New Mexico: US Attorney Not Busting Patients Who Cross the Border

New Mexico US Attorney Damon Martinez announced last week he would not prosecute medical marijuana patients caught with cannabis at US Customs and Border Patrol checkpoints. Unfortunately, agents working the checkpoints would still be allowed to seize the marijuana.

Michigan: Senate Approves Medical Marijuana Bills

The senate approved two measures last week — House Bills 4271 and 5104 — that could expand the state’s voter approved medical marijuana program. Last year, the state imposed a ban on dispensaries, as well as outlawed the use of marijuana edibles. The passing of these bills would allow communities to govern their own marijuana dispensaries as well as give patients permission to use edibles.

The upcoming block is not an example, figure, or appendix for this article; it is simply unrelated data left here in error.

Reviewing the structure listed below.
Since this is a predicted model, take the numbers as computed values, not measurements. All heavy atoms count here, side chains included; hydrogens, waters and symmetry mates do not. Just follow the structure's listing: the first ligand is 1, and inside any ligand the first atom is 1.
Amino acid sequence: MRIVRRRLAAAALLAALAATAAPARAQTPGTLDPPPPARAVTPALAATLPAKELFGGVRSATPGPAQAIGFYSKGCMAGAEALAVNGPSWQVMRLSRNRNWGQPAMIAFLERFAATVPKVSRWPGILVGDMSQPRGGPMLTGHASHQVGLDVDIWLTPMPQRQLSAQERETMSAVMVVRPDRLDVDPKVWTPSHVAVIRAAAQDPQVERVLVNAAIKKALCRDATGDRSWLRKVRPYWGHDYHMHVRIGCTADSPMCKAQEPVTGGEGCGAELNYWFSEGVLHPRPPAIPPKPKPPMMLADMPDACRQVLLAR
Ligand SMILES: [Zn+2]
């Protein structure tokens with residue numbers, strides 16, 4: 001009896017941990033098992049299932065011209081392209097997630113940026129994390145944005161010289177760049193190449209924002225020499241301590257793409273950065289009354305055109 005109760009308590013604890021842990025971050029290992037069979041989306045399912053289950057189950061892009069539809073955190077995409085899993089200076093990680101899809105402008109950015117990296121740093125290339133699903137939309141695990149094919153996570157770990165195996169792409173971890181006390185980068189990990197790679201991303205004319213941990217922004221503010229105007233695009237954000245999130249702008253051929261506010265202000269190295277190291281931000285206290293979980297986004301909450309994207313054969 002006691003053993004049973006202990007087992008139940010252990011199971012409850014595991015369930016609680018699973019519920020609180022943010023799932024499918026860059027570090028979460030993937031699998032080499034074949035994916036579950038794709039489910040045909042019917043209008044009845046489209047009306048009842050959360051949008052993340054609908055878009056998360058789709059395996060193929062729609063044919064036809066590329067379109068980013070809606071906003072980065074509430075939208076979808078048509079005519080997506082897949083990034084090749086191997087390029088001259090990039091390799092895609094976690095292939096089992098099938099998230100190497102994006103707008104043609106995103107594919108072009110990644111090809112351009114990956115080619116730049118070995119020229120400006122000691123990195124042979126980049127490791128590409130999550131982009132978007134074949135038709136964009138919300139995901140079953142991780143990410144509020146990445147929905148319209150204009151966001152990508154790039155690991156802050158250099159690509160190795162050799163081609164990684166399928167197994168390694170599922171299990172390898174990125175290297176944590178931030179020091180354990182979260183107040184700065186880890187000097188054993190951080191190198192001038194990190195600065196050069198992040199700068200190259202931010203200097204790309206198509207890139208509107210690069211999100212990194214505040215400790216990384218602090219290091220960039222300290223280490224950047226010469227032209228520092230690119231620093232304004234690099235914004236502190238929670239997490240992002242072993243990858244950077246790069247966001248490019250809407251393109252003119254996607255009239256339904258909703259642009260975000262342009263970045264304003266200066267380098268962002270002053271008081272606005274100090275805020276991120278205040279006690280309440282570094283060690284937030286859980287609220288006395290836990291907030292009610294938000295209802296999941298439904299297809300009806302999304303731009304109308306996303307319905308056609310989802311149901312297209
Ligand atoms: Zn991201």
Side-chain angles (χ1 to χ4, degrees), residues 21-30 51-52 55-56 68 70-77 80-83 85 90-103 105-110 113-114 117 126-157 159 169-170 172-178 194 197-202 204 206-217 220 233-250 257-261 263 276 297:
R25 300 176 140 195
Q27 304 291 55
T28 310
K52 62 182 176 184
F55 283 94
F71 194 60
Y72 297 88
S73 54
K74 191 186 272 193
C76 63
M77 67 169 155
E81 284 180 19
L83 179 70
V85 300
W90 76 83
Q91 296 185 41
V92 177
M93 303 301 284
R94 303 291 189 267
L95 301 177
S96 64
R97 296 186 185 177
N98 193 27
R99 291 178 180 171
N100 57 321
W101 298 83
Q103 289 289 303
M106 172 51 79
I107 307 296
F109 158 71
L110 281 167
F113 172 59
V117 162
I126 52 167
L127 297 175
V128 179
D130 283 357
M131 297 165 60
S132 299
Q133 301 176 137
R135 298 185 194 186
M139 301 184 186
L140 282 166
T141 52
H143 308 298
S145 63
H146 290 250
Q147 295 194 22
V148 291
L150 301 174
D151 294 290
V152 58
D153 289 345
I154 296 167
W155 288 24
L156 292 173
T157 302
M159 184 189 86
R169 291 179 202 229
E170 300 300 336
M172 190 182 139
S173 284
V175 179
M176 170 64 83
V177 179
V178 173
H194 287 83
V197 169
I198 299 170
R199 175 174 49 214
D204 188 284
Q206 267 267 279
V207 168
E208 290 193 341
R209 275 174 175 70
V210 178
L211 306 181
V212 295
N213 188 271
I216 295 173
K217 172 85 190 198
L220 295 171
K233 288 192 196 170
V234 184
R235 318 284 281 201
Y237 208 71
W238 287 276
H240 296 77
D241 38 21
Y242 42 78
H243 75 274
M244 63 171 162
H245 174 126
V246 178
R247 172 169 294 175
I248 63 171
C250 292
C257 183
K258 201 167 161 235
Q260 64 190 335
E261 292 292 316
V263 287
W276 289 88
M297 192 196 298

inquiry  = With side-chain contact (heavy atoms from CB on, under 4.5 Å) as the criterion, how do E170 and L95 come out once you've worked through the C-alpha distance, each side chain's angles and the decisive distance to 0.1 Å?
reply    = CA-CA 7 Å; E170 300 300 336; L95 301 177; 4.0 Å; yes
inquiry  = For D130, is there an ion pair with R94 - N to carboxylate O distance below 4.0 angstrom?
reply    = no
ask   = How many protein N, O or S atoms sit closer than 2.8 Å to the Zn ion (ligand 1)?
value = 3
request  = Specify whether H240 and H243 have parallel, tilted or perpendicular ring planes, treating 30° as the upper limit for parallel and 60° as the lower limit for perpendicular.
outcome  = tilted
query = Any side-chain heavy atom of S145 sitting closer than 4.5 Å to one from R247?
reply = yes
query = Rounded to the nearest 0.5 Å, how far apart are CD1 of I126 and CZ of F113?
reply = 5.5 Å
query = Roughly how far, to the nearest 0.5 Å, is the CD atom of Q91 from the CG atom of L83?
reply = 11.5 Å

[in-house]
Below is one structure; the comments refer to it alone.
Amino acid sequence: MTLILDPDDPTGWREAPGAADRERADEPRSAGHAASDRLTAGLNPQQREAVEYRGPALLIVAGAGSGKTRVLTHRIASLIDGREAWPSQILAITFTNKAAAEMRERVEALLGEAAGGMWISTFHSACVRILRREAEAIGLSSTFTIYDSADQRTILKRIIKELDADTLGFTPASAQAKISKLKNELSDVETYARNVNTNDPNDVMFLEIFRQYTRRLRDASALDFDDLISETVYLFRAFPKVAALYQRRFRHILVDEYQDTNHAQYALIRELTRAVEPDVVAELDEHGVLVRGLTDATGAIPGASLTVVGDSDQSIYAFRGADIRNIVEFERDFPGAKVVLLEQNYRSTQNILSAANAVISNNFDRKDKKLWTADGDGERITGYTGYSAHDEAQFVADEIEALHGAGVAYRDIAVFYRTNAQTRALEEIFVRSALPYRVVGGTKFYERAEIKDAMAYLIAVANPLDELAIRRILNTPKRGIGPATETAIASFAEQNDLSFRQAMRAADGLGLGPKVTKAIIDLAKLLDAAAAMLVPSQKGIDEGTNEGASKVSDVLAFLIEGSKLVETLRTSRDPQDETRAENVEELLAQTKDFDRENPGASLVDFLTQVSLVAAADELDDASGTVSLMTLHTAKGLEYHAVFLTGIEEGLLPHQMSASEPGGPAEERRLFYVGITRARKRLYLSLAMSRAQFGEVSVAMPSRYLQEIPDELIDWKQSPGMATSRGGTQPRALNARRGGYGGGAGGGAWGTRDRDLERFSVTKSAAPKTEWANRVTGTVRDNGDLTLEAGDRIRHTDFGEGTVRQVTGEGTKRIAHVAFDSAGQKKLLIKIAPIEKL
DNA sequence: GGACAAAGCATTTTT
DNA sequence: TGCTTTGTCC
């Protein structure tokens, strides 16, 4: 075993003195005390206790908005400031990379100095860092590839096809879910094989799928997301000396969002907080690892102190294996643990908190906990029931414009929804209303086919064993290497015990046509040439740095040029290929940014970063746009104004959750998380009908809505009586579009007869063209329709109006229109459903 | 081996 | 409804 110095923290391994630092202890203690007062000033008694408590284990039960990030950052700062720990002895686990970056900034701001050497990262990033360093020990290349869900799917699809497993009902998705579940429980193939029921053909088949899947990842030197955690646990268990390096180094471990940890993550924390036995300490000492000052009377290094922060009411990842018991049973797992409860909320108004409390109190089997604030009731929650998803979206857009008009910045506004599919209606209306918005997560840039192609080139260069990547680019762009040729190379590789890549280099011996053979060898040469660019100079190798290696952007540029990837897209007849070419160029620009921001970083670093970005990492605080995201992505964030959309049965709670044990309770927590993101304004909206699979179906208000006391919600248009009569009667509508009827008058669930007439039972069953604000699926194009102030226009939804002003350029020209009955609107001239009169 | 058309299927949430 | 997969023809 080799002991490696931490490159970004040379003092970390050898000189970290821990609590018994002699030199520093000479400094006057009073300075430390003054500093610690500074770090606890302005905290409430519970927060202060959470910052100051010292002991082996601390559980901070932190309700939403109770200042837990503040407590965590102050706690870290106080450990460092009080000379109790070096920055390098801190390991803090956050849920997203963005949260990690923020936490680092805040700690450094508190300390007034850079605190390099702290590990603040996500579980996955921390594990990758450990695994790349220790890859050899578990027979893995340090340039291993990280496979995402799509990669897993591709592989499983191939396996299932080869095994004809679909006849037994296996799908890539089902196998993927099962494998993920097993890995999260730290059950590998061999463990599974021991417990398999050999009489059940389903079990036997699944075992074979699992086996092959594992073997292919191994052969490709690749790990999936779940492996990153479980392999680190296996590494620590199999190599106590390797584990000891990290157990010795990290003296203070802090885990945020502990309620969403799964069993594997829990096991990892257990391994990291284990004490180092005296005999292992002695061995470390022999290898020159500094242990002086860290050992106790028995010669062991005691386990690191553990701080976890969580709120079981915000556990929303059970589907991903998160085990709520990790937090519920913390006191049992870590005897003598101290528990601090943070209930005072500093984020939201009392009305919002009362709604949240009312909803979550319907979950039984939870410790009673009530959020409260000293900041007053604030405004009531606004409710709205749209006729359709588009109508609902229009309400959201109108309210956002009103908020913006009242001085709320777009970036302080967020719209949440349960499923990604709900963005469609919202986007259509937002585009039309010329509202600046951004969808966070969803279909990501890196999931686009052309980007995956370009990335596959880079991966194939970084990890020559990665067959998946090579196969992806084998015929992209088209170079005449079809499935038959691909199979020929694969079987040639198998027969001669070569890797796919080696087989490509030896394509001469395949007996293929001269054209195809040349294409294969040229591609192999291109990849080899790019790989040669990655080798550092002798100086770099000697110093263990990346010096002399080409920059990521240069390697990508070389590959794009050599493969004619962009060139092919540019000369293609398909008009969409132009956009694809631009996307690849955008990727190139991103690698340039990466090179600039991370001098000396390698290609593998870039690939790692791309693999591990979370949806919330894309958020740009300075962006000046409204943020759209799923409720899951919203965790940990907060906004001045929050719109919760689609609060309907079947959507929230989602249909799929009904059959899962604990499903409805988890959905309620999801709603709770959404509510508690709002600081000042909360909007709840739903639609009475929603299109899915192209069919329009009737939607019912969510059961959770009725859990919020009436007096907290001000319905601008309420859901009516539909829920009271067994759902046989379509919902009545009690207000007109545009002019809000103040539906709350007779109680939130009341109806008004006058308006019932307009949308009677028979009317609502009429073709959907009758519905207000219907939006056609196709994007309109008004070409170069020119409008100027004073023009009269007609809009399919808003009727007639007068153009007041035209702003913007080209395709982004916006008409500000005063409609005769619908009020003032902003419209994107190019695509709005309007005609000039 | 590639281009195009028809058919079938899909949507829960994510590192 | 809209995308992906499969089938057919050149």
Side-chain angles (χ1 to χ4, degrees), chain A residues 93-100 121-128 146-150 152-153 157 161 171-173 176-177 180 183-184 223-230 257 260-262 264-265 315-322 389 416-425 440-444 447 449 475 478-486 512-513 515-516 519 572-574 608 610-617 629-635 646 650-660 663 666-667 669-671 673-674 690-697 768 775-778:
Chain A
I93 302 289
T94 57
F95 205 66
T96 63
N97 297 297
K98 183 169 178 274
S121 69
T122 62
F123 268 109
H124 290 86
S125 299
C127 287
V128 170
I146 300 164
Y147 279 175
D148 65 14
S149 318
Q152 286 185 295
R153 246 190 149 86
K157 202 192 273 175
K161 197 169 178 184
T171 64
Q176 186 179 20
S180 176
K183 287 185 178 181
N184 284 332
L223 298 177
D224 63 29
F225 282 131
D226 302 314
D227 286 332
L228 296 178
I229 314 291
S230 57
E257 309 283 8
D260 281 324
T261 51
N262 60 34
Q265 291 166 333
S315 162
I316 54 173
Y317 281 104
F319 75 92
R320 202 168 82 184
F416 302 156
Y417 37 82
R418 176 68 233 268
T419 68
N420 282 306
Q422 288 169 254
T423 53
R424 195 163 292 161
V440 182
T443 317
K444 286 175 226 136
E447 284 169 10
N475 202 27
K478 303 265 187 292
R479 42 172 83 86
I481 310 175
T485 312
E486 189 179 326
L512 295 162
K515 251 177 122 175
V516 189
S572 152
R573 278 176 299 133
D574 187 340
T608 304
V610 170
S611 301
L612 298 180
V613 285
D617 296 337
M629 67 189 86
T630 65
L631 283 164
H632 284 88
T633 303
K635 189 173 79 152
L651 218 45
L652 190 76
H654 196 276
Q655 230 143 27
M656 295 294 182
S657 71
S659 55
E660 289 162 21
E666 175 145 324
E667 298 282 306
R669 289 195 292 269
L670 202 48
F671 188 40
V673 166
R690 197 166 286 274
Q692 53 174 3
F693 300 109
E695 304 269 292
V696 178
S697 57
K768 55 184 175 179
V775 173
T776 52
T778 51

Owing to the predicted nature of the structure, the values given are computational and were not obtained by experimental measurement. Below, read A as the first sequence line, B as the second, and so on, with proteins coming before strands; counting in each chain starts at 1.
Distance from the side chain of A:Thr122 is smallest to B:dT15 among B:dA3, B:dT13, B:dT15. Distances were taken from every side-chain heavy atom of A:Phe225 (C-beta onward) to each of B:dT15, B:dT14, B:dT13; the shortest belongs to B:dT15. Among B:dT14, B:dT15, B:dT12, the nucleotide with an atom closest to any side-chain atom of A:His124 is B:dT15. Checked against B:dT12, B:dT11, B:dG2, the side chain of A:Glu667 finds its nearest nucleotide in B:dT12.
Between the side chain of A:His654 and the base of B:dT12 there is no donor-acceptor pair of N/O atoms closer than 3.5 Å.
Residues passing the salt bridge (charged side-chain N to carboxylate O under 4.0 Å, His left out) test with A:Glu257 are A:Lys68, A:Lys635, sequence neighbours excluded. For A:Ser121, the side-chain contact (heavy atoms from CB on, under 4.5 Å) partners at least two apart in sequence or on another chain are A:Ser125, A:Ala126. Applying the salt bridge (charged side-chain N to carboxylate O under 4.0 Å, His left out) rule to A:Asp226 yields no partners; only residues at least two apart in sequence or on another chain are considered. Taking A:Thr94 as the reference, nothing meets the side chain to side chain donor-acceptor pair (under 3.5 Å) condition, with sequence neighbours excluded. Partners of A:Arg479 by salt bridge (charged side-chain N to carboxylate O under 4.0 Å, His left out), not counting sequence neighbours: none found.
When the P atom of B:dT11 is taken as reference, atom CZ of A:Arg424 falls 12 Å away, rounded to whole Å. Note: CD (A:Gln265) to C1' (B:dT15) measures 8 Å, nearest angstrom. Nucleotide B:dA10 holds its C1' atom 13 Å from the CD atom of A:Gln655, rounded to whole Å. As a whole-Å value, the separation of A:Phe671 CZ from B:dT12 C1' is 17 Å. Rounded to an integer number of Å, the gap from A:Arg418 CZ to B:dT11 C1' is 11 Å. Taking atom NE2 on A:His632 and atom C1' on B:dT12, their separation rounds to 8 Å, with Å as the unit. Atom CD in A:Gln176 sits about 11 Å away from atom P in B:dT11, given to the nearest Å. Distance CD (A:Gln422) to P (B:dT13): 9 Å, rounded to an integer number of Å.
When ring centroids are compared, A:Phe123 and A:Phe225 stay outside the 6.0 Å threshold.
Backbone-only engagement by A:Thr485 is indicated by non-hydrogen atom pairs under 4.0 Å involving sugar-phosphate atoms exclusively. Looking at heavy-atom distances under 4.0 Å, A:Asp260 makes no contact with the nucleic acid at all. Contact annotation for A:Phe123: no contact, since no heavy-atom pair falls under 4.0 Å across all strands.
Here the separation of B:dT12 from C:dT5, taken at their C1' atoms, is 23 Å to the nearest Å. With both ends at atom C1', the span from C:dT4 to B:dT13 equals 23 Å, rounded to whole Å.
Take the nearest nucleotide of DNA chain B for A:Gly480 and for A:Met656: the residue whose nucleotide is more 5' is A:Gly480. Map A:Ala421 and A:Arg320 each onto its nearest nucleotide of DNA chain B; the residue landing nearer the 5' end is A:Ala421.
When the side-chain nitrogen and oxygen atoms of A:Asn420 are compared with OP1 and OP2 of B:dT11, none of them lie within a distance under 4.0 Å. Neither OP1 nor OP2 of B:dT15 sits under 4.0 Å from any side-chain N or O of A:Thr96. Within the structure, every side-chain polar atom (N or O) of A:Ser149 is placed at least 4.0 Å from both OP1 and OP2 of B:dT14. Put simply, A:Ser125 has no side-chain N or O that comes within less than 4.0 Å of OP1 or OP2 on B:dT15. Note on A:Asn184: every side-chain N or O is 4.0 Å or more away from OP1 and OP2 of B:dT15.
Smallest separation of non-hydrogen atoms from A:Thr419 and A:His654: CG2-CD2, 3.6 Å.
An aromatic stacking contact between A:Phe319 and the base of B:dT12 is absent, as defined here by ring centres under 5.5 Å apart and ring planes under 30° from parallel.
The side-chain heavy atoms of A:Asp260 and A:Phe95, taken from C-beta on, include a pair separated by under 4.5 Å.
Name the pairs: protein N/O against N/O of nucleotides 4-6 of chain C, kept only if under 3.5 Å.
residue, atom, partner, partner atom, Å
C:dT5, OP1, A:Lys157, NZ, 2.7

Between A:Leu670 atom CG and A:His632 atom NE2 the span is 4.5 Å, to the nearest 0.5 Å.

The bills now move to the Senate floor, where it will be decided if they receive a vote in their current form or be amended first. This is expected to happen later this week.

Last week, Citizens for Safer Maine turned in a petition with 1,521 signatures to South Portland officials, which could put the issue of legalized marijuana on the ballot in the November election. The organization, which is being backed by the Marijuana Policy Project, only needed 959 valid signatures to force the council to act.

“Our goal is to get people talking about marijuana and the benefits of ending prohibition,” David Boyer, with the MMP, said in a statement. “Marijuana is far less harmful than alcohol for the consumer and for society. It should be treated in that way, and that entails no longer punishing adults who choose to use it responsibly.”